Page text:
NOTE: This is the eulogy I offered at my grandmother’s funeral this week and I share it simply to honor her who I loved so dearly. It’s ok to laugh while reading this. The occasional humor is intentional. This wasn’t for a memorial. It was for a celebration of my grandmother’s life. Also for a bit of context, my wife is a Yankee as are both of my children. Don’t worry. It’ll make sense later.
I think Jesus was a southerner at heart.
The man loved to eat.
Consider how much of the gospels are devoted to Jesus and his disciples eating or Jesus talking about eating. His first miracle came to pass at a wedding feast. His most famous miracle involved lunch with thousands. Before his crucifixion he shared one last supper with his disciples and after he rose from the grave they had breakfast together on the beach. In between there are countless parables and teachings about table fellowship, the table of God in the kingdom in heaven, where to sit at the table, who to invite, what to eat, and at the end of all things Jesus tells us he won’t be standing at the pearly gates asking us whether or not we agreed with various doctrines. He’ll say I was hungry. Did you feed me?
Jesus loved to eat.
I think that’s part of the reason my grandmother was such a great disciple.
She loved to cook.
It began in her garden. When she wasn’t tending to her azaleas and irises, her peonies and hydrangeas, or trimming her beloved roses, Granny was picking okra and tomatoes or teaching us youngins how to shuck corn and pickle vegetables.
Her devotion to canning was a product of her childhood. Granny was a child of the Depression. She knew what it meant to do without and therefore the importance of never letting anything go to waste. It’s why you would find a jar of bacon grease within arms’ reach of the stove for frying whatever needed frying or if you were to explore her basement you would discover row after row of canned vegetables and fruits of every kind. It was a cornucopia of preserves just waiting to be consumed whenever the need arose.
But the true heart of the house and my grandmother’s life, was her kitchen.
I’ll never forget a cross stitch she had hanging on the wall beside the sink. It read “God loves a man with dishpan hands.” As a kid I never really understood what that saying meant. It wasn’t until I got a little older and realized that dishpan hands were hands wrinkled from being submerged too long in a tub of water that I understood that that cross stitch message was actually a passive aggressive reminder to my grandfather to remember to help wash the dishes.
But the cross stitch was more than that. It was a lesson in equality. In seeing that reminder to my grandfather to do his part to help around the house, I was taught that the household is a shared responsibility, that raising a family is something parents do together, and most importantly that women are equal to men. Anything a man could do, my grandmother could do just as well or in many cases even better. She passed that strength onto my mom who in turn embodied the lessons of independence, self-sufficiency, and strength for me. But those values of women’s equality didn’t come from a political movement. They arose directly from the gospel itself. After all, when all of the male disciples were cowering in fear behind locked doors after the crucifixion, it was women who went to the empty tomb, women who first encountered the resurrected Jesus, and women who first preached the good news of the resurrection – to men. Without women, there would be no church. And without the women in my life, I wouldn’t be the man I am today.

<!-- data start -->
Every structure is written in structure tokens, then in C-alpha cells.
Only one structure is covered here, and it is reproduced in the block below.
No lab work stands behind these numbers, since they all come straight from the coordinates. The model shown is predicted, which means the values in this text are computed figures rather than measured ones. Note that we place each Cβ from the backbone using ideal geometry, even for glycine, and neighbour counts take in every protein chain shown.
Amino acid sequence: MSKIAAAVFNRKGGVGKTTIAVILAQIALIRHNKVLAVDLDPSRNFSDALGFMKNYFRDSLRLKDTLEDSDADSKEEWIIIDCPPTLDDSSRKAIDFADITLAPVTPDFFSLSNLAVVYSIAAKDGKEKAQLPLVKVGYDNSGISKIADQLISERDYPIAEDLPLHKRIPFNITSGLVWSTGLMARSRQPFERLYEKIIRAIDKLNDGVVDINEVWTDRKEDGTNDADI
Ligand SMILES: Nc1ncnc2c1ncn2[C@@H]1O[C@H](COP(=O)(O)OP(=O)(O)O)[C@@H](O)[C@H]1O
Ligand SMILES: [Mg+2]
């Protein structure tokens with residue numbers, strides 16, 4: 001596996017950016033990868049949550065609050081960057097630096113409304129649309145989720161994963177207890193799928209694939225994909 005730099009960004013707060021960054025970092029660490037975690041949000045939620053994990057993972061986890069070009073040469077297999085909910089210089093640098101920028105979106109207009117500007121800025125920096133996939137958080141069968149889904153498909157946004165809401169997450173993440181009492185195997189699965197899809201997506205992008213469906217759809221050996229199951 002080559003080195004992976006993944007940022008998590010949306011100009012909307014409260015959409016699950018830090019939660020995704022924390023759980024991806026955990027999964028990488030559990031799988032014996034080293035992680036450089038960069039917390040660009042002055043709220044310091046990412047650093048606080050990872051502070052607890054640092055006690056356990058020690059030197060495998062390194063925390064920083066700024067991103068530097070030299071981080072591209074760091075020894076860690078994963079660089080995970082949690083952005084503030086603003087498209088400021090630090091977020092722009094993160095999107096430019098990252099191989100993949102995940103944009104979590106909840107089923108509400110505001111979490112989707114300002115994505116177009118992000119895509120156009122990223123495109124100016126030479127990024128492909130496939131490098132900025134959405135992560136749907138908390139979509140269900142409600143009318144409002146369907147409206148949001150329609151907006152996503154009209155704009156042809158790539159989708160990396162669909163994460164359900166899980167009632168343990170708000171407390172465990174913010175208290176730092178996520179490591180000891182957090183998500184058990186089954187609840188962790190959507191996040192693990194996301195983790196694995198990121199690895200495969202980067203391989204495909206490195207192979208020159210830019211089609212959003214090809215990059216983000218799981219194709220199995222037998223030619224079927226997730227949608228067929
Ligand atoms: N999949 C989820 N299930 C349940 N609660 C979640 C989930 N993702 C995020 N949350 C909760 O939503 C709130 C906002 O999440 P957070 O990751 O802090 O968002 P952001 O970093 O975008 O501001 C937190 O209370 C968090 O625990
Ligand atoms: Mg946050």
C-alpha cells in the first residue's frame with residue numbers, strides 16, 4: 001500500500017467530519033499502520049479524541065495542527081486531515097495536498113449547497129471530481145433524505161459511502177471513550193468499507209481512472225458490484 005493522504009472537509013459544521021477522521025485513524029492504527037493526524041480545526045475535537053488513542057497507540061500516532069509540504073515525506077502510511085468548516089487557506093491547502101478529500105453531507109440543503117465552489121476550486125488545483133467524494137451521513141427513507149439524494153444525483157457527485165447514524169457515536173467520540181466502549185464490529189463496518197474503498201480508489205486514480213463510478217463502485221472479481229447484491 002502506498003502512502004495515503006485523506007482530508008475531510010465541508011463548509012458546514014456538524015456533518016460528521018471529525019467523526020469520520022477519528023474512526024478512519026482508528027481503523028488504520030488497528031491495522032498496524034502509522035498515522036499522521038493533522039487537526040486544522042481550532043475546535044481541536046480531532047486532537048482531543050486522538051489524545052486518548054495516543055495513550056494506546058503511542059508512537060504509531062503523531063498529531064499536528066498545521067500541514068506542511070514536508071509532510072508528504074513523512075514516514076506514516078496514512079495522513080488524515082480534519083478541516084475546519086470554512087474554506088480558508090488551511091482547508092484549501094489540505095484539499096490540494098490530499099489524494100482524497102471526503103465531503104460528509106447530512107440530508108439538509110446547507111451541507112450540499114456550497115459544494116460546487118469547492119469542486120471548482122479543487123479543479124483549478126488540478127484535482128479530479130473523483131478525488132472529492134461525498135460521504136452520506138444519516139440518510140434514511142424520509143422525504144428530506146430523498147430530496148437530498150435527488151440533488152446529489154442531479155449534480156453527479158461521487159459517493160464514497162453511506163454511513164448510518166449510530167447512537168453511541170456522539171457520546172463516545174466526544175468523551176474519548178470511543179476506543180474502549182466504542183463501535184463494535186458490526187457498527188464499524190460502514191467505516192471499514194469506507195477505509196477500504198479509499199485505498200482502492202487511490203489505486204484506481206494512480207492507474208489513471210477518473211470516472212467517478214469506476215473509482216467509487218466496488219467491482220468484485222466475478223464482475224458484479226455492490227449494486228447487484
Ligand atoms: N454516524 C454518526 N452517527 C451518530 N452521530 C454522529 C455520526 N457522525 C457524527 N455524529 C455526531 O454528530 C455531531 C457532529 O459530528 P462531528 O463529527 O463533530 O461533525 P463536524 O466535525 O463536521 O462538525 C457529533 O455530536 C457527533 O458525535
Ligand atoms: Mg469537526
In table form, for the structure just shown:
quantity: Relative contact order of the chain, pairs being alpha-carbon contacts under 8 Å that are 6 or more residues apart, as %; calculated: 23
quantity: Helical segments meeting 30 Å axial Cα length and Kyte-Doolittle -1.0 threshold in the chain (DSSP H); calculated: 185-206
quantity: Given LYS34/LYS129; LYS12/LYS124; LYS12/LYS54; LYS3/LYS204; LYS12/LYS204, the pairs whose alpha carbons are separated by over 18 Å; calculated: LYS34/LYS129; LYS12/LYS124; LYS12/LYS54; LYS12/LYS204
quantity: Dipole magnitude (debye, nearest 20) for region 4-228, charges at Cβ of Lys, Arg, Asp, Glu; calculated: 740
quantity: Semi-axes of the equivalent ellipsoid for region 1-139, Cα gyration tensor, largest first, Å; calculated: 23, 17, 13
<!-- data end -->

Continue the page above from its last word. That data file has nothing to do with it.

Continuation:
Across from that legendary cross stitch was my grandmother’s simple electric stove. Simple in construction, but a work of wonder in its ability to turn out world class meals – and not just when company was over either. Granny made meals from scratch anytime we were hungry. Whether it was her famous cornbread, fried chicken, squash casserole, or the fried okra that never seemed to quite make it to the table because my brother and sister and I swiped it away the moment it left the frying pan, my grandmother rarely made a bad meal. I say rarely because I do have one particular meal she made for me forever etched into my memory, though in her defense it didn’t start off poorly. I had stayed home sick one day from school which meant staying with Granny because my mother was at work. For lunch that day she made me chicken noodle soup. But I wasn’t in the mood. Unfortunately, she wasn’t in the mood either…for my attitude. She told me I couldn’t leave the table until I ate every bite. And she meant it. I sat there for hours. Stubbornly doing nothing at first, then trying every trick I could think of to get down the now cold chicken noodle soup. It was a war of attrition. She won, of course. And I haven’t been able to eat chicken noodle soup ever since.
But the great soup war of my childhood wasn’t really a war at all. It was another lesson that my grandmother, a lifelong teacher both in and out of the classroom, was trying to teach me: don’t let anything go to waste. And also? You need a little discipline. Sometimes that lesson in discipline came in the form of cold chicken noodle soup, other times it was a switch off of a tree in the backyard that I had to go pick out myself, but more often than not the discipline my grandmother tried to teach me, tried to teach all of us was the sort of discipline it takes to stick with something even when it’s hard or we don’t want to do it. The kind of discipline you need to say “no” to things you would rather say ”yes” to, but don’t really need. The sort of discipline that shapes and molds you into a better person and ultimately a better disciple of Jesus.
Now, as I said, the good meals far outnumbered the bad and there were many, many good meals, often attended by many, many people. Which is why I was in my 20s before I ever made it to the adult table, not because I was necessarily unfit company, but because – on holidays in particular – my grandmother’s house was bursting at the seams with people. Her large dining room table would be enveloped with as many plates and people as possible. There would be another two or three tables next to it in the living room, two or even four more in the den, and on at least one occasion another table or two downstairs when all of the family from Atlanta was in town. And of course no one was allowed to bring anything. If Granny invited you over for dinner, that meant she was making you dinner. That she was able to feed a small town from her tiny kitchen is nothing short of a loaves and fish sort of miracle.